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Syrian Kurds Welcome Russia's Proposed Draft Constitution for Syria

© Sputnik / Iliya Pitalev / Go to the mediabankForeign Minister Sergei Lavrov's meeting with Syrian opposition
Foreign Minister Sergei Lavrov's meeting with Syrian opposition - Sputnik International
In an interview with Sputnik, Halit İsa, a representative of the Syrian Kurdish Democratic Union Party (PYD) in France, revealed the details of his Friday meeting in Moscow with Russian Foreign Minister Sergei Lavrov.

A civilian rides a bicycle past a cemetery in the rebel held besieged Douma neighbourhood of Damascus, Syria January 3, 2017 - Sputnik International
Russian Draft of Syria Constitution to Help Syrians Create Own Version - Naumkin
“Mr. Lavrov familiarized us with the draft constitution for Syria prepared by Russia. He said that the text was not final and that we could feel free to make any amends we deemed fit,” Halit Isa told Sputnik Arabic.

Describing the meeting as “positive,” Isa said that Russia was inviting all Syrian opposition forces and representatives of “democratic autonomies” to the negotiating table.

“The Russian-prepared draft proposes deleting the word ‘Arab’ from the country’s official name, which reads as the ‘Syrian Arab Republic,’  because there are many ethnic groups living in Syria, including Kurds, Armenians, Assyrians, Circassians and others.”

Halit İsa also praised the Russian draft for underscoring Syria’s status as a secular state as compared to the old constitution, which contained articles based on Sharia law.

“We have representatives of various confessions living in Syria,” he noted.

“During the meeting we presented our own draft to Russian officials and opposition representatives who said they were ready to study it. We also need to talk with opposition members who were not present in Moscow and then send a delegation to the Geneva talks.”

Halit İsa added that Russian representatives had agreed that without PYD representatives present at next month’s meeting in Geneva the sides would fail to reach agreement because “Kurds are a leading force in this process and must be present in Geneva.”

In an interview with Sputnik Arabic, Zuhat Kobane, the man responsible for the PYD’s relations with Europe, described the constitutional draft proposd by Russia as an important and very positive step for the future Syrian state.

“We welcome this step, just like we do any other initiative aimed at bringing about a political solution to the Syrian crisis,” he said, adding that if other influential forces in Syria refuse to join in this would seriously undermine efforts to end the crisis.

“Aware of this, some regional powers have already put forward preliminary conditions for a political settlement, which we believe will lead us nowehere. This is why all previous rounds of the Geneva talks fell through. We believe that all Syrian political forces should join hands building a united, democratic Syrian federation, not on behalf of some other countries, but as representatives of the Syrian people,” he emphasized.

In an interview with Sputnik Arabic, Alyan Masaad, the chief delegate of the Group of Internal Syrian Opposition (Hmeymim), spoke about Friday’s consultations in Moscow.

“Minister Lavrov spoke at length about the recent talks in Astana and about the international situation and urged us to take part in the Geneva talks.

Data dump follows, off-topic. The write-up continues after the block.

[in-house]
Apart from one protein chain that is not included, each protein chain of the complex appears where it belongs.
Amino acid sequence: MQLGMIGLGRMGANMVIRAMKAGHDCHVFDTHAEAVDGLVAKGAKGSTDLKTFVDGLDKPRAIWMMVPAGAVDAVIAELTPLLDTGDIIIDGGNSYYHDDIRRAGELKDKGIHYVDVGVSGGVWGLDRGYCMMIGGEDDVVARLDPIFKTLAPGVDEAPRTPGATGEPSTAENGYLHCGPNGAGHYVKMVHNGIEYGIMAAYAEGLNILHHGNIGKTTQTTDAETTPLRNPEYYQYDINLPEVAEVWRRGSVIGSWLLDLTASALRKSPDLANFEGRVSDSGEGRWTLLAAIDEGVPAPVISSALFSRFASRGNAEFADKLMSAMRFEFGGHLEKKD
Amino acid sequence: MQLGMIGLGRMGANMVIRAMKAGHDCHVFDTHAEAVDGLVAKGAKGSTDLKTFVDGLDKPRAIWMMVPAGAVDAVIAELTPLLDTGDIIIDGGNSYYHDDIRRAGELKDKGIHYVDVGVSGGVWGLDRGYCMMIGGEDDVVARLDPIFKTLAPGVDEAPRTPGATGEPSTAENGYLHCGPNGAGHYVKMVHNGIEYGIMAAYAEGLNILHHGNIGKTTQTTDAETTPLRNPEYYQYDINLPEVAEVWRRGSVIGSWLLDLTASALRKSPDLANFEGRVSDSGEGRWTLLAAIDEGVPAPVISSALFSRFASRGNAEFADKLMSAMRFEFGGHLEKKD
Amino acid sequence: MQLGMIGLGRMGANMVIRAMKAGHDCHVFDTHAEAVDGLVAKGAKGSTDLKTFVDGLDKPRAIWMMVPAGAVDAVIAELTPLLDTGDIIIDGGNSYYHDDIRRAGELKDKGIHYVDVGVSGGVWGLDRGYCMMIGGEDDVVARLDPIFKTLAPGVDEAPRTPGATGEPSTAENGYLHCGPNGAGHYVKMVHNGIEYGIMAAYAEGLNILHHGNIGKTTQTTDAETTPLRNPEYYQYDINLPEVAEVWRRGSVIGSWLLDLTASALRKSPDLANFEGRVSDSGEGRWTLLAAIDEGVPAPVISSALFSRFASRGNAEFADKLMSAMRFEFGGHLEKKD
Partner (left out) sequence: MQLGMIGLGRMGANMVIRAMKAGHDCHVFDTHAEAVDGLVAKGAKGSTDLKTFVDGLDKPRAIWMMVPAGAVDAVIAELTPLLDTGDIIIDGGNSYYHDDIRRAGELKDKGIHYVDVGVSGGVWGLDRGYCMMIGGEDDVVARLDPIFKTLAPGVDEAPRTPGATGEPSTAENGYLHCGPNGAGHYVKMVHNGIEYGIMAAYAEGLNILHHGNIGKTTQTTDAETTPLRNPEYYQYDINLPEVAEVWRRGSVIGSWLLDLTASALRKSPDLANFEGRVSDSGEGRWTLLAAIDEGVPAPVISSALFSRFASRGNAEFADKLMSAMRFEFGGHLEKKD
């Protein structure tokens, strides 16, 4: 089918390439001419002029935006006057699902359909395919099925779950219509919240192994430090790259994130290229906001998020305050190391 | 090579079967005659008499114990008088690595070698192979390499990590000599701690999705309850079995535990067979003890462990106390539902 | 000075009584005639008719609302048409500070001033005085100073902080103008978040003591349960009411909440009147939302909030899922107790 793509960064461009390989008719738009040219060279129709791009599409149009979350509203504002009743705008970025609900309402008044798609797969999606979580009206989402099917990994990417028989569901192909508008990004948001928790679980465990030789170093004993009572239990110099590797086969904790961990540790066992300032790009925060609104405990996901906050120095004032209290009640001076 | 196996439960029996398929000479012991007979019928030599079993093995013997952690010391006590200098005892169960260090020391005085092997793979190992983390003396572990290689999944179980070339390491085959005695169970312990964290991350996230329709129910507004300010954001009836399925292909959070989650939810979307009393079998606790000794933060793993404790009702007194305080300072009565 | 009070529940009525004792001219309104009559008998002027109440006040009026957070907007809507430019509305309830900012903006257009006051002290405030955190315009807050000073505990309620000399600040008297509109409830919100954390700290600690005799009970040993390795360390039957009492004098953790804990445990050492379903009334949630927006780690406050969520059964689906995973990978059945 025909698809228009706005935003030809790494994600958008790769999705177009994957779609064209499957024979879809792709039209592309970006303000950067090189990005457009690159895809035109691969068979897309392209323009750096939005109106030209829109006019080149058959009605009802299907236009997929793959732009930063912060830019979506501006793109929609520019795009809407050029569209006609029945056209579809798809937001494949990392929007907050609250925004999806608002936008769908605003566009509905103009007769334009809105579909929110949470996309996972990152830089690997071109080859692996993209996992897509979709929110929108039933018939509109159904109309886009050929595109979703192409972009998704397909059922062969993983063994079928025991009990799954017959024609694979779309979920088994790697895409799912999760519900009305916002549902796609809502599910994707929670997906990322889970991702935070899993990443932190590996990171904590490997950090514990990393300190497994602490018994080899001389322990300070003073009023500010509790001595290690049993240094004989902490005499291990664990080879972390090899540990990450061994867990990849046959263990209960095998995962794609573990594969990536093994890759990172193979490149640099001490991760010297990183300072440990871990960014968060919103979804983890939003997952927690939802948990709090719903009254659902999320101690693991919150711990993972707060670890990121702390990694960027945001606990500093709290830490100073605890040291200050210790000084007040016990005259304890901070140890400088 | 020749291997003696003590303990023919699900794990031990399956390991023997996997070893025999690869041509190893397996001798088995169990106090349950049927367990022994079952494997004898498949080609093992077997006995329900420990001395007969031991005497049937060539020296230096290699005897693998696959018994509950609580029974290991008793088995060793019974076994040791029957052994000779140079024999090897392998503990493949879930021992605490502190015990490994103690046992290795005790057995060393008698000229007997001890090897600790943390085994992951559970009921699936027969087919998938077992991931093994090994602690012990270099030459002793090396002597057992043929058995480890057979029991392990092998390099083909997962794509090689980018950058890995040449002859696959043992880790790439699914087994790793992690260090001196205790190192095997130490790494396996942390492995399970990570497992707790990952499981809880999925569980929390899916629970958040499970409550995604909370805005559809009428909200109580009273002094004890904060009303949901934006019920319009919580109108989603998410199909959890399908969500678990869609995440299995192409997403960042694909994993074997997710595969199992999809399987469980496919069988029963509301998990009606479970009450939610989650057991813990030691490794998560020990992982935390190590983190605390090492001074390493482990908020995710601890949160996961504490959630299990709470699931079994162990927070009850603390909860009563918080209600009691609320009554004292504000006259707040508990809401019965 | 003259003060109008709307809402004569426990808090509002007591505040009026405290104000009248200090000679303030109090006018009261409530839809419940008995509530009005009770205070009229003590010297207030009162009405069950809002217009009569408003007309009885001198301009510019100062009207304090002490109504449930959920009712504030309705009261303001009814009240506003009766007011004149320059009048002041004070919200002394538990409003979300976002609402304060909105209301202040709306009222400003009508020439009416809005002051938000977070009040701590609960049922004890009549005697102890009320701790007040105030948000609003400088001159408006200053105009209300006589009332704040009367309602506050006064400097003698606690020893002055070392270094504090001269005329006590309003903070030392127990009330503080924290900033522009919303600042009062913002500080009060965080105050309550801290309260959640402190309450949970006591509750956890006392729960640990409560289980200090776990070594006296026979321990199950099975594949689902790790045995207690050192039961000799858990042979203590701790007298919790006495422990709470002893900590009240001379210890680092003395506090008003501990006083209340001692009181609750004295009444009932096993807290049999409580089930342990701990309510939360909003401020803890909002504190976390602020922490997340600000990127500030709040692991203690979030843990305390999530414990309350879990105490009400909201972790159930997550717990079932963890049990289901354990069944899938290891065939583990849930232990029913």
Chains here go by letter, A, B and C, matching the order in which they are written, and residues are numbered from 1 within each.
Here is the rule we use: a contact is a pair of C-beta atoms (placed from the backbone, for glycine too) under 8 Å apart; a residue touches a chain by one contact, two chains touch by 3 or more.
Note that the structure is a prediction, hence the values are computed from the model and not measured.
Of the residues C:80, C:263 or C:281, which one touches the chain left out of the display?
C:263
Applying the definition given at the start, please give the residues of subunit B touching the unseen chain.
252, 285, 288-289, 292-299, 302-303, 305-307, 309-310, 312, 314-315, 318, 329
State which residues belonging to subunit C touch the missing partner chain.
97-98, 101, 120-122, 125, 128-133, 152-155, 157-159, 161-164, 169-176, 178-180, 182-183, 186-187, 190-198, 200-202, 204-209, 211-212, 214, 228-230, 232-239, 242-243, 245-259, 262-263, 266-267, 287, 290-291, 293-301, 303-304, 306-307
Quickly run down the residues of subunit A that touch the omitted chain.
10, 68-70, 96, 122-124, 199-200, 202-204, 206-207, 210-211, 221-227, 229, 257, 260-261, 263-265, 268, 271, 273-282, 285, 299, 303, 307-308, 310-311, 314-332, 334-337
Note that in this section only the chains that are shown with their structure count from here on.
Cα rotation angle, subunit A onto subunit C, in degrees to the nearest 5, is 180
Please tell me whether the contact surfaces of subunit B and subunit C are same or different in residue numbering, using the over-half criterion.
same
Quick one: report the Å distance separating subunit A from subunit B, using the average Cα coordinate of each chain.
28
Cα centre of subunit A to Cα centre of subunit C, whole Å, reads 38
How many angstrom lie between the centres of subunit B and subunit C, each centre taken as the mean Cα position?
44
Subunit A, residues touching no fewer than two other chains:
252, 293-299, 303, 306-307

A Kurdish man waves a large flag of the Kurdish People's Protection Units (YPG) political wing, the Democratic Union Party (PYD), during a demonstration against the exclusion of Syrian-Kurds from the Geneva talks in the northeastern Syrian city of Qamishli on February 4, 2016 - Sputnik International
Kurds Pleased to See Syria Drop 'Arab' From Official Title in Draft Constitution
He said he wanted all sides to come to the negotiating table and carefully listen to each other,” he said.

As for [the Russian draft], “it is less than a draft, these are just the broad outlines given us by Deputy Foreign Minister Mikhail Bogdanov.  It was published a year ago and was much discussed in Vienna.”

“I believe it is too secular. The problem is that some of its provisions go beyond the constitutional format. It is still acceptable to me and my delegation, especially its part about decentralization. You could call this self-rule or federalization and we support it, especially when it comes to the Kurds,” Masaad said.

He added that he was ”categorically against any political self-rule” though, saying said that it was fraught with separatism.

“In a politically decentralized country a regional council could change its political affiliation, hold a referendum and break away,” he warned.

Alyan Masaad also voiced disagreement with parts of the draft that are at variance with provisions "written and coordinated with the domestic opposition.”

“The proposed draft says that Syria will be a mix of a presidential and parliamentary republic, while our blueprint provides for a parliamentary republic where the president will be vested with considerable powers.”

 “I’m not rejecting [the proposed draft] and not saying that it is bad, but it is not good for the Syria we have today. The country is fractured and drained by this war. It needs to pull itself together that’s why it needs a strong executive branch,” Alyan Masaad emphasized.

At the January 23-24 Syrian peace talks in Astana, Kazakhstan, Russia proposed a draft to serve as a "guide" for the Syrian constitution, outlining that it will be the Syrians who draft the final version, taking into account proposals made by both the government and the opposition.

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